The Centers for Disease Control and Prevention (CDC) is now investigating the source of the "brain-eating amoeba" that killed the surfer.
CDC crews collected water samples hoping to find the source of the contamination. However, such as in the case of Stabile, Naegleria fowleri can be contracted when contaminated water enters the body through the nose, either in a chlorinated swimming pool water or if one uses contaminated tap water to rinse their sinuses. Just four people infected in the last 55 years have survived. He took a turn for the worst the next day and was rushed to the emergency room, unable to speak coherently.
Stabile, an avid surfer and snowboarder, had worked for the New Jersey Department of Environmental Protection in addition to Bass Pro Shops, an outdoor equipment establishment in Atlantic City, according to his obituary. If water containing the amoeba goes up the nose, it can cause an infection that is fatal 97 percent of the time. Preliminary testing results should be ready later next week.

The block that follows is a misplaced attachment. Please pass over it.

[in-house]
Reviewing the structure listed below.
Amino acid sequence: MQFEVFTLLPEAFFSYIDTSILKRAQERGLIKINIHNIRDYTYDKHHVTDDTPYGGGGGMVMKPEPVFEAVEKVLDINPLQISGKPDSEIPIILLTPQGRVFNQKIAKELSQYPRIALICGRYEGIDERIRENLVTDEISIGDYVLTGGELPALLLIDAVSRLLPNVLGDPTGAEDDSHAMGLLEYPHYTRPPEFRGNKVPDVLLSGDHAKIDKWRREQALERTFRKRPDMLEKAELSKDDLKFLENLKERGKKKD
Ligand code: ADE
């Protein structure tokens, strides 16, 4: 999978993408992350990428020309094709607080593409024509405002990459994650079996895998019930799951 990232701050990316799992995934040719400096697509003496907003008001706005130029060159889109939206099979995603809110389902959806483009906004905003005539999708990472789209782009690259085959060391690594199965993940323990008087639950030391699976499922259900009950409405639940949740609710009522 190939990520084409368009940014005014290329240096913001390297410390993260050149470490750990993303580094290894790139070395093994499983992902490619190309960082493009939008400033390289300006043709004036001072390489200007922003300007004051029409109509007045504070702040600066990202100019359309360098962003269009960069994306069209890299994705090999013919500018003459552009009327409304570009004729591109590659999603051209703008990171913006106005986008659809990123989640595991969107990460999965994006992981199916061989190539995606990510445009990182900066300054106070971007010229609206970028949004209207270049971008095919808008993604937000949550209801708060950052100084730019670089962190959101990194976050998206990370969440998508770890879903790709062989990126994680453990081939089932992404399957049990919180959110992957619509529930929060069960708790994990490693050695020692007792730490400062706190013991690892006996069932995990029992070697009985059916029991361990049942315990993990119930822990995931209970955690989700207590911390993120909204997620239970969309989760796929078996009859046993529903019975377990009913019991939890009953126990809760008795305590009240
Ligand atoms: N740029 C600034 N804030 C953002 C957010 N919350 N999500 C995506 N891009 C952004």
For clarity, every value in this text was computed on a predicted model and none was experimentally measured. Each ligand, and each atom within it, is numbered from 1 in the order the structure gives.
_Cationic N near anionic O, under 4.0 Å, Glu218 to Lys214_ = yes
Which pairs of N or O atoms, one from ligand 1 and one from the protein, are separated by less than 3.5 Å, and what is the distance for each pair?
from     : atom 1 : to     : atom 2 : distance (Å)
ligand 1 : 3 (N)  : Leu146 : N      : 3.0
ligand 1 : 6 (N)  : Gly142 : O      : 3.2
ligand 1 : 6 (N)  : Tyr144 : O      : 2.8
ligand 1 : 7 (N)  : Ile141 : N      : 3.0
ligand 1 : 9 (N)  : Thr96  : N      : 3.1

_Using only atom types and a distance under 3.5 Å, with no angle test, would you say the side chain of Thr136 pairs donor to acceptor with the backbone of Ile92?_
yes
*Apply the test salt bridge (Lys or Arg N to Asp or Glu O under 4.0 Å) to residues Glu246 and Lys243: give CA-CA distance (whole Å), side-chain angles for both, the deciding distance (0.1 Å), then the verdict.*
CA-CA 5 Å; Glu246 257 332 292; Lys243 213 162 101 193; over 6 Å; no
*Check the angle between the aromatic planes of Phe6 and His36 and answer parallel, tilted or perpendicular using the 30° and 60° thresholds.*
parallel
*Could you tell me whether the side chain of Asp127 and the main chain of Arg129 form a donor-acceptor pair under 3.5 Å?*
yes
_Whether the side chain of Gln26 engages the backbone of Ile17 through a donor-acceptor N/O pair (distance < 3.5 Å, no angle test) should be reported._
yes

The owner of the resort, Stuart E. Parsons Jr., said he will continue to comply with requests related to the investigation of Stabile's death, who died in New Jersey earlier this month after falling ill with Naegleria fowleri.
Naegleria fowleri is a rare and deadly free-living microscopic ameba that is commonly found in warm freshwater lakes and rivers, and soil.
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CDC spokeswoman Brittany Behm said the agency knows of no other patients linked to the Texas facility who have symptoms of the infection, which can start out with a headache, fever and nausea, and worsen into a stiff neck, confusion, loss of balance and seizures.
The park is voluntarily closed until the test results come back.
"Our hearts and prayers are with his family, friends and the New Jersey surf community during this hard time", Parsons told CBS.
"BSR Surf Resort operates a state of the art artificial man-made wave", he said. "We are in compliance with the CDC guidelines and recommendations concerning Naegleria fowleri".